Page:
In our previous blog in this series, we introduced you to the contamination control strategy (CCS), and why you need one. This time, we look at the quality risk management approach to preparing the CCS in order to find the root cause of your contamination and design the ideal cleanroom for your Pharma process.
See the previous blog in this series here.
Finding the Root Causes of Contamination: Quality Risk Management
Quality By Design (QbD) and Quality Risk Management (QRM) are both inherently linked to process understanding. The steps to achieving a full risk evaluation of a process are outlined step by step.
Step 1: Process Mapping
Process mapping allows the risks of particle ingress to be identified. First, a fishbone model is created to document all possible sources of contamination. The root causes can be grouped into representative categories (Personnel, Materials, Equipment, Environmental, and Methodology), but your fishbone may need other categories to account for specialized attributes found in your process. There is no exact standard to follow, which is why process understanding is so essential.
Step 2: Fishbone Analysis
Granularity can be added to fishbone diagrams. Take the example of Utilities within the Materials category. Within this aspect of the process, there are multiple steps that may contribute to contamination. A description of the Water for Injection (WFI) phase within the Utilities area could look similar to:
- Production: Downstream of WFI
- Production: After the storage tank
- Upstream of delivery pumps for the loop
- Distribution of the water inside the loop
- Points of use
- Sampling points
Step 3: Decision Tree
To determine if risks are critical and in need of control, a decision tree specific to the process is created. Here, questions will be tailored to better assign the label of CCP, which indicates control is required to limit contamination. Again, there is no set map of yes or no questions to use—process understanding is key.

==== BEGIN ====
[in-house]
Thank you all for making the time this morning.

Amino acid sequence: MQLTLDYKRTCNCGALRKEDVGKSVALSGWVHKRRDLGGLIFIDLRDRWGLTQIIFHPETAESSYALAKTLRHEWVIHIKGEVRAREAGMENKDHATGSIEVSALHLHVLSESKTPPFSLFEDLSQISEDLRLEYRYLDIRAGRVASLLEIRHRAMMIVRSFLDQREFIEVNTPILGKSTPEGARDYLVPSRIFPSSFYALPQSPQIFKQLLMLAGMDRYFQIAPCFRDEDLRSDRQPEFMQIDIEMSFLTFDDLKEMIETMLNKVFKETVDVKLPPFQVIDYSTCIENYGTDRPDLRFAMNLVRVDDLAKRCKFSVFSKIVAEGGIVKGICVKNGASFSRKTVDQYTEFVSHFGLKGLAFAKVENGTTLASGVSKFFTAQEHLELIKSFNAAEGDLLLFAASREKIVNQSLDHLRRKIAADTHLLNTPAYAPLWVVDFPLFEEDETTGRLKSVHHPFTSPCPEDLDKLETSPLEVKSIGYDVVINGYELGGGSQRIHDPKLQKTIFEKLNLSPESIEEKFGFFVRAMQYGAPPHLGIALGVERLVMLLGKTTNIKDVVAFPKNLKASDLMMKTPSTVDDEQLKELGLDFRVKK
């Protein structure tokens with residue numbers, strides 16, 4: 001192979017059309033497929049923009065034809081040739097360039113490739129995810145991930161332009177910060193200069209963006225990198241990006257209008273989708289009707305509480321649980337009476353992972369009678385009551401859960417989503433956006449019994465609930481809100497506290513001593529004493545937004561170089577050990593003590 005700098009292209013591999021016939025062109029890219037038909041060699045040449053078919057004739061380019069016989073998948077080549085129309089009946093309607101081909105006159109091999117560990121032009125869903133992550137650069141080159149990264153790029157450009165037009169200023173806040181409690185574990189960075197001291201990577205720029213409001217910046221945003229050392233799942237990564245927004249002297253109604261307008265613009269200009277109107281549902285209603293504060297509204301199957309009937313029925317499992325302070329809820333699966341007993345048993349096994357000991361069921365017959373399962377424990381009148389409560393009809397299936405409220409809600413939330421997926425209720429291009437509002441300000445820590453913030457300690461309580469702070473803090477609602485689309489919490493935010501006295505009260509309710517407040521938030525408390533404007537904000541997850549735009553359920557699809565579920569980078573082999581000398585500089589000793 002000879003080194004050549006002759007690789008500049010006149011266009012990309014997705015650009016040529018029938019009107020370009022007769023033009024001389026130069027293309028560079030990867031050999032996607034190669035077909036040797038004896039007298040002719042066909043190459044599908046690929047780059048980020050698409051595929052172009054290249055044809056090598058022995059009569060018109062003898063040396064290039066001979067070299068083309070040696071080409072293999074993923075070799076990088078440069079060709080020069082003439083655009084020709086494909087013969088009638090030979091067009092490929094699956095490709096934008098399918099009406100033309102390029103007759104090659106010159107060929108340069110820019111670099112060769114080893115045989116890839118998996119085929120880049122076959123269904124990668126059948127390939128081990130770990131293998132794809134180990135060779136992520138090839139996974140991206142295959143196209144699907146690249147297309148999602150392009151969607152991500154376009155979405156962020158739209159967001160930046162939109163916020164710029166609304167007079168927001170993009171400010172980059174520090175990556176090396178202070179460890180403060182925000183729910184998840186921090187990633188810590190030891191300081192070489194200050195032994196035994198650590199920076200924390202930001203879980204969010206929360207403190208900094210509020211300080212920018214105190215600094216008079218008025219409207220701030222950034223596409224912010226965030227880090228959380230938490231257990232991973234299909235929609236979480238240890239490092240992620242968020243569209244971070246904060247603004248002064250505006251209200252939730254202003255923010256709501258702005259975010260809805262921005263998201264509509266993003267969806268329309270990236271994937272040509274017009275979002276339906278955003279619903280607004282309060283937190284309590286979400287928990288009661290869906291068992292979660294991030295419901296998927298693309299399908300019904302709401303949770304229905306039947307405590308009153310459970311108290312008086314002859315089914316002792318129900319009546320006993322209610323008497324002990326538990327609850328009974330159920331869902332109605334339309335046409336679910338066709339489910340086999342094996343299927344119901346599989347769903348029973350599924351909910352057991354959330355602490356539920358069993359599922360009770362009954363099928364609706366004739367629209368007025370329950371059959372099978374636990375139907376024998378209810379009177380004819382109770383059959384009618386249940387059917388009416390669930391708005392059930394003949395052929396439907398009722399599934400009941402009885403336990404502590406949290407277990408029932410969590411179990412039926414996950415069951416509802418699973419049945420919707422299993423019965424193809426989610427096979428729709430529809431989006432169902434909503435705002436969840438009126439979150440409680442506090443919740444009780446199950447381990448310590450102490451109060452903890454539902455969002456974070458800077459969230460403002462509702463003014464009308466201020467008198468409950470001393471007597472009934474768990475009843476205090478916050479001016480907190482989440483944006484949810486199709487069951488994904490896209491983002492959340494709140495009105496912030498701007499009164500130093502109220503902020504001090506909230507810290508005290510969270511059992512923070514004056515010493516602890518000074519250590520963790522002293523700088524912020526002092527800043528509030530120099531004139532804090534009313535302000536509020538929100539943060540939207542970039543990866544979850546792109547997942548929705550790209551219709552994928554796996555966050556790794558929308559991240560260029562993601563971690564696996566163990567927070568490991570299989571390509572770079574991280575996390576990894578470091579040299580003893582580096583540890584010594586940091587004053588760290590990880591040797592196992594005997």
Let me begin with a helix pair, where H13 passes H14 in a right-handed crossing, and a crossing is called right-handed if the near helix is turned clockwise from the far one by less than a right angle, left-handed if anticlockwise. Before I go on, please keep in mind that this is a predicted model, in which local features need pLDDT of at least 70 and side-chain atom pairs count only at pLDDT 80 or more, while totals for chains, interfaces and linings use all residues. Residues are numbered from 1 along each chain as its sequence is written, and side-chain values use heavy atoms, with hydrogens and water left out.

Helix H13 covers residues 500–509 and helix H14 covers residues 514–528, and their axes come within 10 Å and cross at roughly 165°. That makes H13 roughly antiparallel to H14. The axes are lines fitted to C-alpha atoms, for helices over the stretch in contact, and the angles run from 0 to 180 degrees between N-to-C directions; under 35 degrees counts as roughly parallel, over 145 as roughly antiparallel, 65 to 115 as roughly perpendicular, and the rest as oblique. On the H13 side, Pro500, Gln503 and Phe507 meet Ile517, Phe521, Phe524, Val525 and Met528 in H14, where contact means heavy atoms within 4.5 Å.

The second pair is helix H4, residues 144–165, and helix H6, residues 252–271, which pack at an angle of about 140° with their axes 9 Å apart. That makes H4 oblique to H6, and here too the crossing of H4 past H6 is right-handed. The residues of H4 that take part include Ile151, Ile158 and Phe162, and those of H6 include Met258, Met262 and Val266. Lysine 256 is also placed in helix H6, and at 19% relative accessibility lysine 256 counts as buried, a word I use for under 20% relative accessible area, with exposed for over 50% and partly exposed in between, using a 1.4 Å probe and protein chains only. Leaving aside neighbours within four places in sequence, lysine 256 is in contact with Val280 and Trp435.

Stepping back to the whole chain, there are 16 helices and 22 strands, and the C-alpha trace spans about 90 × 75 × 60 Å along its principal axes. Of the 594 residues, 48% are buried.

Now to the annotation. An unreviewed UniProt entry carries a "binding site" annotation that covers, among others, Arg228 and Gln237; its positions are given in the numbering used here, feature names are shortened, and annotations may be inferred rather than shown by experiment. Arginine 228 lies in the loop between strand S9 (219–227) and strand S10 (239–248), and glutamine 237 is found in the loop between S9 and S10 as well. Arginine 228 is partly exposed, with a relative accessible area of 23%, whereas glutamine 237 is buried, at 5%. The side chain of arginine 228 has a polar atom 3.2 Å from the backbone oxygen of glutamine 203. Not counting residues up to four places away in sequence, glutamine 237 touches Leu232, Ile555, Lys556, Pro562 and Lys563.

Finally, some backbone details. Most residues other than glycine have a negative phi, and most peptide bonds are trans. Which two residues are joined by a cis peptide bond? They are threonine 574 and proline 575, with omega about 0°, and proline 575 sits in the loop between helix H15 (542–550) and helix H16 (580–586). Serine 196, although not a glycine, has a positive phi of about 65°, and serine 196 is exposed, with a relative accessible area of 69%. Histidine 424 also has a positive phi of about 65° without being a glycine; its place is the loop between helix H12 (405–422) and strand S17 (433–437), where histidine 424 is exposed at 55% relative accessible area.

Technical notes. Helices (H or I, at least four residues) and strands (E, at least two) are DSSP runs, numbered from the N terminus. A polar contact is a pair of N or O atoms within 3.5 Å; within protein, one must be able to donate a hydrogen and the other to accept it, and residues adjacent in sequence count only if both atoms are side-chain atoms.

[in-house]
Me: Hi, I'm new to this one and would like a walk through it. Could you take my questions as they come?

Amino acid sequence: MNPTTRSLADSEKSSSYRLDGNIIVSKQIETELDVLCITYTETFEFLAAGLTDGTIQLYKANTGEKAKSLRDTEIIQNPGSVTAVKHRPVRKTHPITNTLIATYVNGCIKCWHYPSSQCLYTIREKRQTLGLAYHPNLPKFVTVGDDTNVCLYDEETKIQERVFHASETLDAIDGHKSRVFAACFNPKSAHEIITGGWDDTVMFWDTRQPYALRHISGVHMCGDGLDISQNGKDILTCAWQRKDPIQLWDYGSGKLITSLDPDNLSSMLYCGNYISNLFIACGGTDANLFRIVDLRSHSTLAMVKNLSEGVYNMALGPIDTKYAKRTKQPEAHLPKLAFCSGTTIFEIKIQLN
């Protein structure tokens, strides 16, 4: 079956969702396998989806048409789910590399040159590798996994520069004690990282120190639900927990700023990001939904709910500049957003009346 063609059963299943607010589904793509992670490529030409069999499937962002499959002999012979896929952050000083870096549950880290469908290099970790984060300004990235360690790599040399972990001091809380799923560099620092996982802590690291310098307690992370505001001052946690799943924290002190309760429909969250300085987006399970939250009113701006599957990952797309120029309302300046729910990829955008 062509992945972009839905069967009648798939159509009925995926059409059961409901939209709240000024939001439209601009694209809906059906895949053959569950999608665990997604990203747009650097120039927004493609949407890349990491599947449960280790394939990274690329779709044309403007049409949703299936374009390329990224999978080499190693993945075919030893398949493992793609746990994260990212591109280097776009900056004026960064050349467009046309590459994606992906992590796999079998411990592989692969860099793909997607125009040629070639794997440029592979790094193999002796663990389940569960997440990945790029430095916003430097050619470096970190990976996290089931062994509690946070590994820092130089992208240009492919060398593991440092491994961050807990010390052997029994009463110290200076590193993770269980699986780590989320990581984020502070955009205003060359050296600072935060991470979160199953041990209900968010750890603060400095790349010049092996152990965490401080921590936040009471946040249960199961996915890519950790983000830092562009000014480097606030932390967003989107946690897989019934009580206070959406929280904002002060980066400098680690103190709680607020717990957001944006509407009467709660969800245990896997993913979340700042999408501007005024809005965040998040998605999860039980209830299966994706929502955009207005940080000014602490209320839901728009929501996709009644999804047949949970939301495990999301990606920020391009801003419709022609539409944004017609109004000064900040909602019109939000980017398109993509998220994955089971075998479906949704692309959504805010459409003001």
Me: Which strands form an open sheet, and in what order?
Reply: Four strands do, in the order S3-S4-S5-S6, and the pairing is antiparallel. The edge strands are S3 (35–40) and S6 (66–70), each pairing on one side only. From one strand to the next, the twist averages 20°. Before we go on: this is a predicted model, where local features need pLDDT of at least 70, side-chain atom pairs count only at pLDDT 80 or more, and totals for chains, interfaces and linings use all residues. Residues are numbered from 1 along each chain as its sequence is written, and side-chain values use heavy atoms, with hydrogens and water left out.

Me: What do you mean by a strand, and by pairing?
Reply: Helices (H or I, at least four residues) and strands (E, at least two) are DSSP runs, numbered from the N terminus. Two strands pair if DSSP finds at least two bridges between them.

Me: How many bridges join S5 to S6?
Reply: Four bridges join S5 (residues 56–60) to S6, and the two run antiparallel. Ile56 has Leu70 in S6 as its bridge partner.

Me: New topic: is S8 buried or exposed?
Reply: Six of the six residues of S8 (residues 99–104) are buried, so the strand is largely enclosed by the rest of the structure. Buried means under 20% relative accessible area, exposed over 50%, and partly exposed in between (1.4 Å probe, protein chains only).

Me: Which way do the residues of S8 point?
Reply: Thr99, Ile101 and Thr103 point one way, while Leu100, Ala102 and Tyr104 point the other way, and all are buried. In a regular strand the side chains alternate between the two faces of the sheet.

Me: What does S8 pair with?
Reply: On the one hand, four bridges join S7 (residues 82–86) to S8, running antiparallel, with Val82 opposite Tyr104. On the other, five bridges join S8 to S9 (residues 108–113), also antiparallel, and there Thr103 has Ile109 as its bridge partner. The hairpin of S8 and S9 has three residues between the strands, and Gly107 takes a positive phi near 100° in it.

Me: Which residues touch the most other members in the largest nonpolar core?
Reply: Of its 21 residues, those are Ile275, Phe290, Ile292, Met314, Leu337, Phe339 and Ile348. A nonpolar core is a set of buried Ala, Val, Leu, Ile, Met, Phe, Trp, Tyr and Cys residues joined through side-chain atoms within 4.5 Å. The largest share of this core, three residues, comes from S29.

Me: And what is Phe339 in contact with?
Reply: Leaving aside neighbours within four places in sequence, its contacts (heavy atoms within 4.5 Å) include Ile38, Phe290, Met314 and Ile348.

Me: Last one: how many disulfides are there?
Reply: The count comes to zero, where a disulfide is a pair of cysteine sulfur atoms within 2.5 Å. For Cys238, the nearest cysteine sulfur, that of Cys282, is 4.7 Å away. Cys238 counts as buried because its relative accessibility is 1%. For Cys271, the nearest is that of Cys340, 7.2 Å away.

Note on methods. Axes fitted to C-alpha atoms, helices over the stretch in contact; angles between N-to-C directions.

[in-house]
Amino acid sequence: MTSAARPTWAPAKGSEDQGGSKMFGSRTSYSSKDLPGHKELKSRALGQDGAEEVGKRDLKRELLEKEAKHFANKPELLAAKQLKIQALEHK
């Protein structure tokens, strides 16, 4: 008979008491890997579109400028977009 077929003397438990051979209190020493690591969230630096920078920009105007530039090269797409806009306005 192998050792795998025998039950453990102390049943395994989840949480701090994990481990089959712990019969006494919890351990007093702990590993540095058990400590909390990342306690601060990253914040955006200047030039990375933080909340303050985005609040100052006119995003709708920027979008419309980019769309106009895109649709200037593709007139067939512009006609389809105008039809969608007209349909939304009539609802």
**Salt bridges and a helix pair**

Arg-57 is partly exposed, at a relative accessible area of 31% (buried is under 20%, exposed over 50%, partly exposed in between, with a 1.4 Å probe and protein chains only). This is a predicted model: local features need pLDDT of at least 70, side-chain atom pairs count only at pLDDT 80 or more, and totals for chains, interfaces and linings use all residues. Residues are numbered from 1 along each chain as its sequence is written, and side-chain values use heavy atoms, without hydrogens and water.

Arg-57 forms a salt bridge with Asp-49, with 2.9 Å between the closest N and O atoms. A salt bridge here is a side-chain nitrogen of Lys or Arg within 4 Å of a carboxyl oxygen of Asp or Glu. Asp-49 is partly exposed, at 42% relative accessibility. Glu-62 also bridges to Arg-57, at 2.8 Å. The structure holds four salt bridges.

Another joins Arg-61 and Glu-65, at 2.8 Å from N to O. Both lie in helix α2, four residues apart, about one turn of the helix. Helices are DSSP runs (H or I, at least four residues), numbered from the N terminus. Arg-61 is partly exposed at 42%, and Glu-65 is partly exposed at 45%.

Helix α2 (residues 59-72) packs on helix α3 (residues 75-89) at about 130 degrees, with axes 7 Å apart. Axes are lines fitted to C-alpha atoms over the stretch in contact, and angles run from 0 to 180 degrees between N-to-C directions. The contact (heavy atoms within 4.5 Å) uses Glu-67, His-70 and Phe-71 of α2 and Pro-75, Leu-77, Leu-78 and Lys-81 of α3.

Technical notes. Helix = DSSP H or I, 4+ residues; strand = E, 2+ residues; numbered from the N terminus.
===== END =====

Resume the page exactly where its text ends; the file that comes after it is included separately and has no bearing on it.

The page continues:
Step 4: Assigning Criticality
The HACCP approach to identifying risk is qualitative, meaning the risk is identified but not the associated level of criticality and the real impact on the product. To make the risk determination quantitative, the Failure Modes and Effects Analysis (FMEA) approach is used. The FMEA matrix incorporates a cross of three parameters: Severity, Occurrence, and Detectability, and allows the identification of how critical a risk is to the process.
From here, a control and mitigation plan can be determined based on the level of assigned criticality. CCPs must be evaluated and their risk criticality identified.
Putting It All Together: Cleanroom Design
In order to design a cleanroom according to sterility assurance principles, a risk mitigation plan encompassing set actions and controls must be implemented. This plan could take the form of a redesign, design loop, or a series of valves to reduce contamination. Other possibilities include a system validation or re-validation, and improvements to sampling procedures. Suggested controls to mitigate risk might include increasing or decreasing the microbiological or chemical, and changing the controls set according to the process and points criticality. The impact of the mitigation plan may impact several departments, new and old. As a result, the change control plan definition is necessary to structure the actions to be taken by priority and time required. For new cleanrooms, this intervention takes place in an early phase to avoid a snowball of unfixable issues down the line.
Remember that the essential ingredient for contamination control is building a team of experts encompassing quality, production, engineering, and QRM. Use the resources available at your site to build a solid base of process knowledge, and take advantage of the QRM experts at Particle Measuring Systems to assist you with the design of your contamination control strategy.
You can download the full paper or listen to the webinar to gain more insight into this topic. Want to learn more about cleanroom design? Check out these educational materials from PMS:
Quality by Design and Single-Use Air Sampling Approaches FAQ